Resentment and anger are healthy emotions if expressed in a healthy and constructive manner. Ranging from a mildly irritating sensation to full-blown rage, anger emerges when we feel directly threatened, whether it is a threat perceived as coming from another person or from ourselves. Sometimes anger is unnecessarily experienced because we rush to judge a situation without taking the time to rationally evaluate it.
Alternately, anger can be a normal, justifiable emotion when another individual engages in activity deliberately intended to harm us or our loved ones either emotionally, physically, or both. Regardless of the circumstances, feelings of anger and resentment indicates something is wrong in our lives and needs rectified as soon as possible.
Arising from a deep-seated anger that has never been addressed, additive behaviors represent a maladaptive response to feelings of anger and resentment that probably originated in during an addict’s childhood or early adolescence. Patients seeking help at Gooden Center are often not even aware of these angry feelings because poor coping skills led them to use drugs and alcohol as a way of escaping from a bad situation.
However, once they have completed the detoxification process and begin to experience emotions that have been suppressed for years, the realization of the intensity of their anger often causes a profound sense of despondency, helplessness and loss. At this stage of recovery, we provide patients with the unconditional support, professional therapy and empathetic guidance needed to resolve anger issues and develop coping skills that are healthy and productive.
Anger and Alcohol Addiction
For many alcoholics, the few times they reveal their sober side to friends and family represents a startling contrast to their intoxicated persona. Alcohol abusers who become aggressive when drinking exacerbate their addiction by becoming enmeshed in a vicious cycle of rage and criminal activity that regularly lands them in jail. Fighting, destroying property, seeking revenge, abusing a spouse or child and driving while drunk are ways in which alcoholics express their anger without even understanding what is angering them.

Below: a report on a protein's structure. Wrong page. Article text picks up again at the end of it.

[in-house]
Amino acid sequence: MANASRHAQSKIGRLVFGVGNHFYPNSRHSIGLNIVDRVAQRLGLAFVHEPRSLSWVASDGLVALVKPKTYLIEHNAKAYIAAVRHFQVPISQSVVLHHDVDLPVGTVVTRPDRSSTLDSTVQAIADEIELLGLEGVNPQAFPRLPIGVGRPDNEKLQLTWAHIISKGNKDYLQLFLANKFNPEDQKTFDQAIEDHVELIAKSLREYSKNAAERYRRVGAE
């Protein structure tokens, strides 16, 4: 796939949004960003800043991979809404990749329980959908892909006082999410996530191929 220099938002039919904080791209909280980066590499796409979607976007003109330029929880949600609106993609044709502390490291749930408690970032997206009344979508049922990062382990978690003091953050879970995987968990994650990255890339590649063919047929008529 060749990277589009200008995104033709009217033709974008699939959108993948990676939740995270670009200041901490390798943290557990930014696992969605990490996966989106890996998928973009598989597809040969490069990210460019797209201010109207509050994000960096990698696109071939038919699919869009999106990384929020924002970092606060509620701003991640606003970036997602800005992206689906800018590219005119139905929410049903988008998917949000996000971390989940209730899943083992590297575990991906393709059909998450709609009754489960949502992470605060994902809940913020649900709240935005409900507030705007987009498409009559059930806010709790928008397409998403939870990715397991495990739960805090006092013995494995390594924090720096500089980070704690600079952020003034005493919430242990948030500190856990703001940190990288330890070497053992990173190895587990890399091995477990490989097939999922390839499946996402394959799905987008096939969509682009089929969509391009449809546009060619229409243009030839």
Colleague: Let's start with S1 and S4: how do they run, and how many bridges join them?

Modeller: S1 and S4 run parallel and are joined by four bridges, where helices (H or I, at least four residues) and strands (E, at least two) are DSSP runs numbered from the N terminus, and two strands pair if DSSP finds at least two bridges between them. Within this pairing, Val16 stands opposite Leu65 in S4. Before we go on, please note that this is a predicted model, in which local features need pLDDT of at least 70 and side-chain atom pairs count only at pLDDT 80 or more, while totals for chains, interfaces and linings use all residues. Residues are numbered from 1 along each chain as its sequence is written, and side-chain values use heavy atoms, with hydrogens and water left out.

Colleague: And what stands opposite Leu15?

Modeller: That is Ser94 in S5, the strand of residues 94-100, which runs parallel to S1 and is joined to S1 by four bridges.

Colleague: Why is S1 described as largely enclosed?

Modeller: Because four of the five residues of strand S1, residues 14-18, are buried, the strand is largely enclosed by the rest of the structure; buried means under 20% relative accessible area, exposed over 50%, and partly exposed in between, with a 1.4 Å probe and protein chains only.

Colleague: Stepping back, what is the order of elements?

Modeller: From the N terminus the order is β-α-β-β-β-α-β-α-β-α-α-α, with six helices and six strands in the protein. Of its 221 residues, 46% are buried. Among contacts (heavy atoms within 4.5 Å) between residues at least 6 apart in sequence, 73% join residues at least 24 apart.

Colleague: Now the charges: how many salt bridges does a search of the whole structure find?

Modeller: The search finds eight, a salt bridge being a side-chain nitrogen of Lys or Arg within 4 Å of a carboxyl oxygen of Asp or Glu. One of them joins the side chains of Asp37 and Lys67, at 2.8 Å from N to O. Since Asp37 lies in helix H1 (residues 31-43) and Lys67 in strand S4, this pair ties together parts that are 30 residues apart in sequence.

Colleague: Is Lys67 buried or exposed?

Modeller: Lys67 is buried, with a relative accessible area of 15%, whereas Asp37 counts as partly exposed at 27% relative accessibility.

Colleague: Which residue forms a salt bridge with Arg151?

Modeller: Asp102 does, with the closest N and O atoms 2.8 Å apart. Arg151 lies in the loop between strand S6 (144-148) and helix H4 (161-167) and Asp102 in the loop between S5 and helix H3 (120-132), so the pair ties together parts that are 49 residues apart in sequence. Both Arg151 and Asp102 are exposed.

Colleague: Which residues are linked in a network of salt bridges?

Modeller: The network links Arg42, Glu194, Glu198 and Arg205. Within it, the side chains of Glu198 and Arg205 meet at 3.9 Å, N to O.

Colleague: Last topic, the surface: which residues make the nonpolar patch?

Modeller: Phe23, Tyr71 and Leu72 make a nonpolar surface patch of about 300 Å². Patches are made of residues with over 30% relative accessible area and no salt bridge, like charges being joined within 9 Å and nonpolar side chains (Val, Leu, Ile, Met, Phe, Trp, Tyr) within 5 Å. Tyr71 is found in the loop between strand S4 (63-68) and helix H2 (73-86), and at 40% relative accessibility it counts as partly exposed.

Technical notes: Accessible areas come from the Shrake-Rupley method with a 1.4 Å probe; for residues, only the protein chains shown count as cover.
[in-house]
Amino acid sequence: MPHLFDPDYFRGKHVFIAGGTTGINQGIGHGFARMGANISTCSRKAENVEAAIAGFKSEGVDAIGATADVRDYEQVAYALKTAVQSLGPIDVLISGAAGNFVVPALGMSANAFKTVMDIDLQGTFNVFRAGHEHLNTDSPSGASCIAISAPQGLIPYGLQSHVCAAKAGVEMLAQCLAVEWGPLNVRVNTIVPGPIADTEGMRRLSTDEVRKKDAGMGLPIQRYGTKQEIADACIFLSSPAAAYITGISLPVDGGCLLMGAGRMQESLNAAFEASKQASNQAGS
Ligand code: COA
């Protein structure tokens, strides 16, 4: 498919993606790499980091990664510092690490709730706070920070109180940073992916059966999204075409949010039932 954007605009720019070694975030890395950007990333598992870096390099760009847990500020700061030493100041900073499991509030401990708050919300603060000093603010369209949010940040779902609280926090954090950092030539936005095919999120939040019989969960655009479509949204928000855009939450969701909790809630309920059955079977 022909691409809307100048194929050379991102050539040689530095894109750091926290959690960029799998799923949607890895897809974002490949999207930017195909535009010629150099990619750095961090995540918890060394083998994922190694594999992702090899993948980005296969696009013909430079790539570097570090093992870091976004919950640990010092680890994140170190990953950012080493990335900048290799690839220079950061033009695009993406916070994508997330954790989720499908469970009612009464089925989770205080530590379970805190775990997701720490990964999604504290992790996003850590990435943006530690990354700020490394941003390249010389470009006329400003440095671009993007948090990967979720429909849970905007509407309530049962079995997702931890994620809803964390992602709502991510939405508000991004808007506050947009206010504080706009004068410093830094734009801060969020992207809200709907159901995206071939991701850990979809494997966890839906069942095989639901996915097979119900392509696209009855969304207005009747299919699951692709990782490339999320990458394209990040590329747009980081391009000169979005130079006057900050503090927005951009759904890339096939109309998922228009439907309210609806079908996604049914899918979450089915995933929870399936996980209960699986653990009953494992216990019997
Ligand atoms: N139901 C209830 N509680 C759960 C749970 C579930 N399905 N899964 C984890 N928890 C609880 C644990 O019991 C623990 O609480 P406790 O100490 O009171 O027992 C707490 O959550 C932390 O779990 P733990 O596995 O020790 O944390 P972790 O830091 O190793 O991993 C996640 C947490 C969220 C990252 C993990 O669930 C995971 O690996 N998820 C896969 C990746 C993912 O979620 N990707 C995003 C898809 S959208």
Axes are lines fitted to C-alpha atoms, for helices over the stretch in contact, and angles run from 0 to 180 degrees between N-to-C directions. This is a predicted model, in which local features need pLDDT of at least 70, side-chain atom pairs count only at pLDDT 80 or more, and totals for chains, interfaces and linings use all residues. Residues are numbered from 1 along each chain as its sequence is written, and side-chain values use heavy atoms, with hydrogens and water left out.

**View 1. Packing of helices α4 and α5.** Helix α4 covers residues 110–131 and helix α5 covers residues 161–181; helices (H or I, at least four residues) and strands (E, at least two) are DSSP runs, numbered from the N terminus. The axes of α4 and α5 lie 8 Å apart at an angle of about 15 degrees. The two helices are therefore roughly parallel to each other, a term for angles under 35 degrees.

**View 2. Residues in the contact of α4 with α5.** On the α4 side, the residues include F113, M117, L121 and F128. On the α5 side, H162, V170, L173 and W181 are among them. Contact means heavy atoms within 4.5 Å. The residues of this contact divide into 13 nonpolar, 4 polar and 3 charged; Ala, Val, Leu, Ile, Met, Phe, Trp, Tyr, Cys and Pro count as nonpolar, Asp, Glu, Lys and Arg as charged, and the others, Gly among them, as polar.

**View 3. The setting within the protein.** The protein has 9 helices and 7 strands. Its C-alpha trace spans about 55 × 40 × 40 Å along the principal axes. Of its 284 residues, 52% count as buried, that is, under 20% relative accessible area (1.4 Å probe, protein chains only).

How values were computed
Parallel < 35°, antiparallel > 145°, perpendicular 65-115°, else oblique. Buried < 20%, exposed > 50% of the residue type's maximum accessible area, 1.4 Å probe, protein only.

Through detoxification, cognitive behavioral therapy and learning anger management techniques, Gooden Center shows alcohol abusers how to process long-suppressed anger and channel intense emotions into thoughts, words and actions that provide them with satisfying results.
Anger and Drug Addiction
Initiated by a cascade of stress hormones and neurotransmitters, the physiological changes produced by anger are uncomfortable and often frightening. Rapid heartbeat; shallow, quick breathing; heavy perspiration; nausea and vague body aches are classic symptoms of feeling angry. When someone is forced to live in an environment that constantly makes them experience anger, resentment and rage because their needs are not being met, the longing to escape such unbearable conditions grows overwhelming.
Nearly all substance abusers can distinctly remember the first time they took heroin, methamphetamine or another drug because of the way it made them feel for the first time in their lives—calm, serene and indifferent to the turmoil happening around them.
Anger Management Techniques
Patients at Gooden Center are exposed to a variety of anger management techniques as well as therapeutic interventions that help them recognize situations, people or unwanted thoughts that consistently trigger feelings of anger and resentment. By employing proactive approaches to intense emotions, patients can deal effectively with unexpected confrontations that set in motion the compulsive behaviors and distortions in perception which inevitably lead to relapsing.
Our therapists show patients how to release deeply suppressed anger as well as other destructive emotions that are essentially eroding their ability to live a full and satisfying life. Depression is another kind of debilitating emotion that always accompanies long-held resentments against past and present experiences, preventing patients from receiving the love and respect they deserve. Psychologically, depression is anger against the self while aggressive behavior is anger towards the perceived unfairness of the external world.